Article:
Film Review: “Encanto” (2021)

“Sometimes the family weirdos get a bad rap.”

An energetic and beautifully animated 60th entry into the Disney animated canon that’s about family, acceptance, and toxicity. It shares a bunch of themes with Moana, as well as the unrestrained touch of Lin Manuel Miranda’s songwriting skills. The wide ensemble of genuinely developed characters (as developed as 90 minutes allows) helps set it apart from other animated fare. More importantly, though, the main character has glasses and that makes me feel seen as someone with glasses.

My VHS cover pull-quote: “Releasing The Eternals: Part II so close to the first one was risky, but it definitely pays off.”

Film Review: “Ghostbusters Afterlife” (2021)

“Let me give you some advice: don’t go chasing ghosts.”

It’s an initially slow, nostalgic re-entry into the Ghostbusters world (universe?), but once it starts reaching for the original’s energy and marrying it to the coming of age/Egon family drama/Goonies vibe it’s going for, it becomes a pleasant mixture of the old and the new. Definitely not enough ghosts, but the much-hyped use of the Stay-Puft Marshmallows veering into Gremlins territory almost makes up for it (almost).

One of my my favorite aspects of Ghostbusters movies is the substantial and slightly sinister ghost lore they’ve set up for themselves, the human sacrifices and cultist happenings always a bit at odds with the comedy. Without a Venkman character to go “lol who gives a fuck?” for most of the runtime, Afterlife actually leans a bit harder into the Sumerian cult business of it all, which I actually dug.

My VHS cover pull-quote: “Is there enough of the OG Ghostbusters team? Yes. Is there enough Slimer and Rick Moranis? No. Will I ever recover from the amount of Ecto Cooler I drank as a child? Doctors are still deliberating.”

Film Review: “Belfast” (2021)

“Everybody’s leaving home.”

One of my favorite movies of the year because I visited Belfast in 2017 for a couple weeks or so and I could point out places I’d been while watching the movie… But it’s also an effective and semi-autobiographical love letter to the spirit and community of the city and its people (despite the well documented violence over those long years) with a bunch of great performances.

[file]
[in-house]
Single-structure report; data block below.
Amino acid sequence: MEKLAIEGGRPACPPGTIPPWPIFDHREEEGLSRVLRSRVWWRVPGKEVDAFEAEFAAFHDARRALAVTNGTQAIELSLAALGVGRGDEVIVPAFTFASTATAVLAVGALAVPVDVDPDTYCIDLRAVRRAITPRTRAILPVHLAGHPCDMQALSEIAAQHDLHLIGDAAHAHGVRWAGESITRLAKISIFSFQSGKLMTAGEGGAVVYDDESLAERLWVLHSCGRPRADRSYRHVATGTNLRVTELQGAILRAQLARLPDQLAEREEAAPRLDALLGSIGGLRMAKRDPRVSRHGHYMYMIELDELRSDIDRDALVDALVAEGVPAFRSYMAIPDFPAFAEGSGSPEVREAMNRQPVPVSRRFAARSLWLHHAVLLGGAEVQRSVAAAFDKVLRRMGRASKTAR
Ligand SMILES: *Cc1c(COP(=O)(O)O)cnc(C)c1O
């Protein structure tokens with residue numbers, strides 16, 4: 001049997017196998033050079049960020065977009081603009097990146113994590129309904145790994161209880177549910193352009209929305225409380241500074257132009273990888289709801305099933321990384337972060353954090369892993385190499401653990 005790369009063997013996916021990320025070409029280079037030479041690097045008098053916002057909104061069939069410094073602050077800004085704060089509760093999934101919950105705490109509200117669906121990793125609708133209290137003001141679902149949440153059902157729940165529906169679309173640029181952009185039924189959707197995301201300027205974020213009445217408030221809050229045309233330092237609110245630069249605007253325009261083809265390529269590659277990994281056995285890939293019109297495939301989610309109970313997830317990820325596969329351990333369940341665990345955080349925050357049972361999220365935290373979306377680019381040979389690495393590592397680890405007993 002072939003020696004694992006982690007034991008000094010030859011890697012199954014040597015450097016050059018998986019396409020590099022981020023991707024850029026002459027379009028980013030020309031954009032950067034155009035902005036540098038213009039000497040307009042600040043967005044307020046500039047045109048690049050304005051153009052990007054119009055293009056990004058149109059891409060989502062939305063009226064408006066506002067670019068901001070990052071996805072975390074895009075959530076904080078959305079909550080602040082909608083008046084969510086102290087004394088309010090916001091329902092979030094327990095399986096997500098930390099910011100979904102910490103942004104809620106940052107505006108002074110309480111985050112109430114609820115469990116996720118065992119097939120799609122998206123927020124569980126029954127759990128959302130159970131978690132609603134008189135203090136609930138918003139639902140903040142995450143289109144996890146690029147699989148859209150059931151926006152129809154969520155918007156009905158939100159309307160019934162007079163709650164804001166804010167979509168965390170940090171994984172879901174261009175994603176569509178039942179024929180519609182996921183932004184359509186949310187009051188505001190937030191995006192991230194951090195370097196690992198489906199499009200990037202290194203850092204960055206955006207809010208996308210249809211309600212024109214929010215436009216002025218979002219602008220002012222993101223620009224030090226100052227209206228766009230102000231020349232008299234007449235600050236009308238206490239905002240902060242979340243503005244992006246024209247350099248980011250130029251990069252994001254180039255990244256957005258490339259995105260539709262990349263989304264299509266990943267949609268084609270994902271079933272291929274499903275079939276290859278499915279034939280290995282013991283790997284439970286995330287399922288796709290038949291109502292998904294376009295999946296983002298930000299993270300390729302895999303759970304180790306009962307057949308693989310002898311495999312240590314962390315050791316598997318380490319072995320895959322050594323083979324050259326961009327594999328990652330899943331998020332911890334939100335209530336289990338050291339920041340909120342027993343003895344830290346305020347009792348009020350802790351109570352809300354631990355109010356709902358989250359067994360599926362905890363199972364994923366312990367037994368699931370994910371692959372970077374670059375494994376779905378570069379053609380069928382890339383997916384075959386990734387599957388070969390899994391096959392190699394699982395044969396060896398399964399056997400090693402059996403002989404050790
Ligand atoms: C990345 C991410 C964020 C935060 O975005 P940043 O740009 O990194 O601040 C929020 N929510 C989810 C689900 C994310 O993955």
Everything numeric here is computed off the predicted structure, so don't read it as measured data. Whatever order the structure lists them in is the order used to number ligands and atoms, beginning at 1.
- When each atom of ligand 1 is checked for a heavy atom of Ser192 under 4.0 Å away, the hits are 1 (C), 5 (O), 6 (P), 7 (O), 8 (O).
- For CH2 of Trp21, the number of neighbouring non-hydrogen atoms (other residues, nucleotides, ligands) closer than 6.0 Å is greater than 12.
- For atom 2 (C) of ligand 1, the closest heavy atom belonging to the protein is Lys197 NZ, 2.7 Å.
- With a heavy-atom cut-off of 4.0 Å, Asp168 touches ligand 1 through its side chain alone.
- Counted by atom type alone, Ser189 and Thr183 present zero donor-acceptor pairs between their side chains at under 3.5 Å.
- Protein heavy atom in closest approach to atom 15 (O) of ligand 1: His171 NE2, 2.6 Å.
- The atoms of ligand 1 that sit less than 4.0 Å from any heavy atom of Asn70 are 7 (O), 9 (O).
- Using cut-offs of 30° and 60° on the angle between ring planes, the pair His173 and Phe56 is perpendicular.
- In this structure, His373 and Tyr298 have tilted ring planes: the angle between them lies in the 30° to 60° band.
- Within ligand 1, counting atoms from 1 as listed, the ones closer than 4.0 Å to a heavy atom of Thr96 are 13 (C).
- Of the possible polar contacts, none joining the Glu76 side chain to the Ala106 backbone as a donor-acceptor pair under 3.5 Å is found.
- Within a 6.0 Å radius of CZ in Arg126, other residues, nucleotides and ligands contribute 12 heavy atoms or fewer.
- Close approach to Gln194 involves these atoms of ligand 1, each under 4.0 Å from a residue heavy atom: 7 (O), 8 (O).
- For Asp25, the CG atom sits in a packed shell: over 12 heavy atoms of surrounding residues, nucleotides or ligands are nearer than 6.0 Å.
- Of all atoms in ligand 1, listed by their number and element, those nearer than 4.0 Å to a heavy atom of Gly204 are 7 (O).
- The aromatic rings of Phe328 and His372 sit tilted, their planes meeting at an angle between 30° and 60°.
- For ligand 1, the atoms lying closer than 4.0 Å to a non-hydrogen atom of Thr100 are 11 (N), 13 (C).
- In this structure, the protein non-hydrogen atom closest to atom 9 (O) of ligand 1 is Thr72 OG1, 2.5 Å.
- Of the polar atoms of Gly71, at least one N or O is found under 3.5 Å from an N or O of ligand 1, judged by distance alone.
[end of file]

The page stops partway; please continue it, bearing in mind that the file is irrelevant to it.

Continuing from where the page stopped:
The cinematography is some of the most indulgent I’ve seen since, well, last week in Wes Anderson’s The French Dispatch, but every bit of the screen is filled with life and expertly crafted. It looks fantastic, sounds fantastic, correctly conveys a child’s perspective, and sometimes characters eat those wedge cut chips/fries which make me hungry.

My VHS cover pull-quote: “Did I mention I visited Belfast for a couple weeks or so in 2017? Aside from the opening and closing shots of modern Belfast (where I’ve been before (back in 2017)), the only color in the film is when the characters are watching movies on a screen or at a playhouse watching a production. It’s Branagh’s slightly heavy-handed way of showing the importance of these small escapes to him as a child, but — again — it’s wholly effective.”

Film Review: “Eternals” (2021)

“You have a very angry family.”

A dense, beautiful film that feels like a new beginning for the MCU more so than any other entry after, well, Iron Man. It doesn’t break the MCU mold so much as it reshapes what a movie in this series can look like by pressing against the sides. What Black Panther and Shang Chi did for the modern superhero character, Eternals does for the allowed style and substance of these movies. There is absolutely room in these things for Zhao’s practical filmmaking, weighty conversations about immortality, Bollywood numbers, and slight Watchmen-adjacent interrogations of the superhero genre and the pedestals on which we place these characters.

It seems like the movie is divisive because it’s either too much of a Chloe Zhao movie and not enough of an MCU one or vice versa. For me, it’s kind of a perfect mix that takes some critical steps forward in it’s representation of humanity. Either way, change is good. Change is necessary.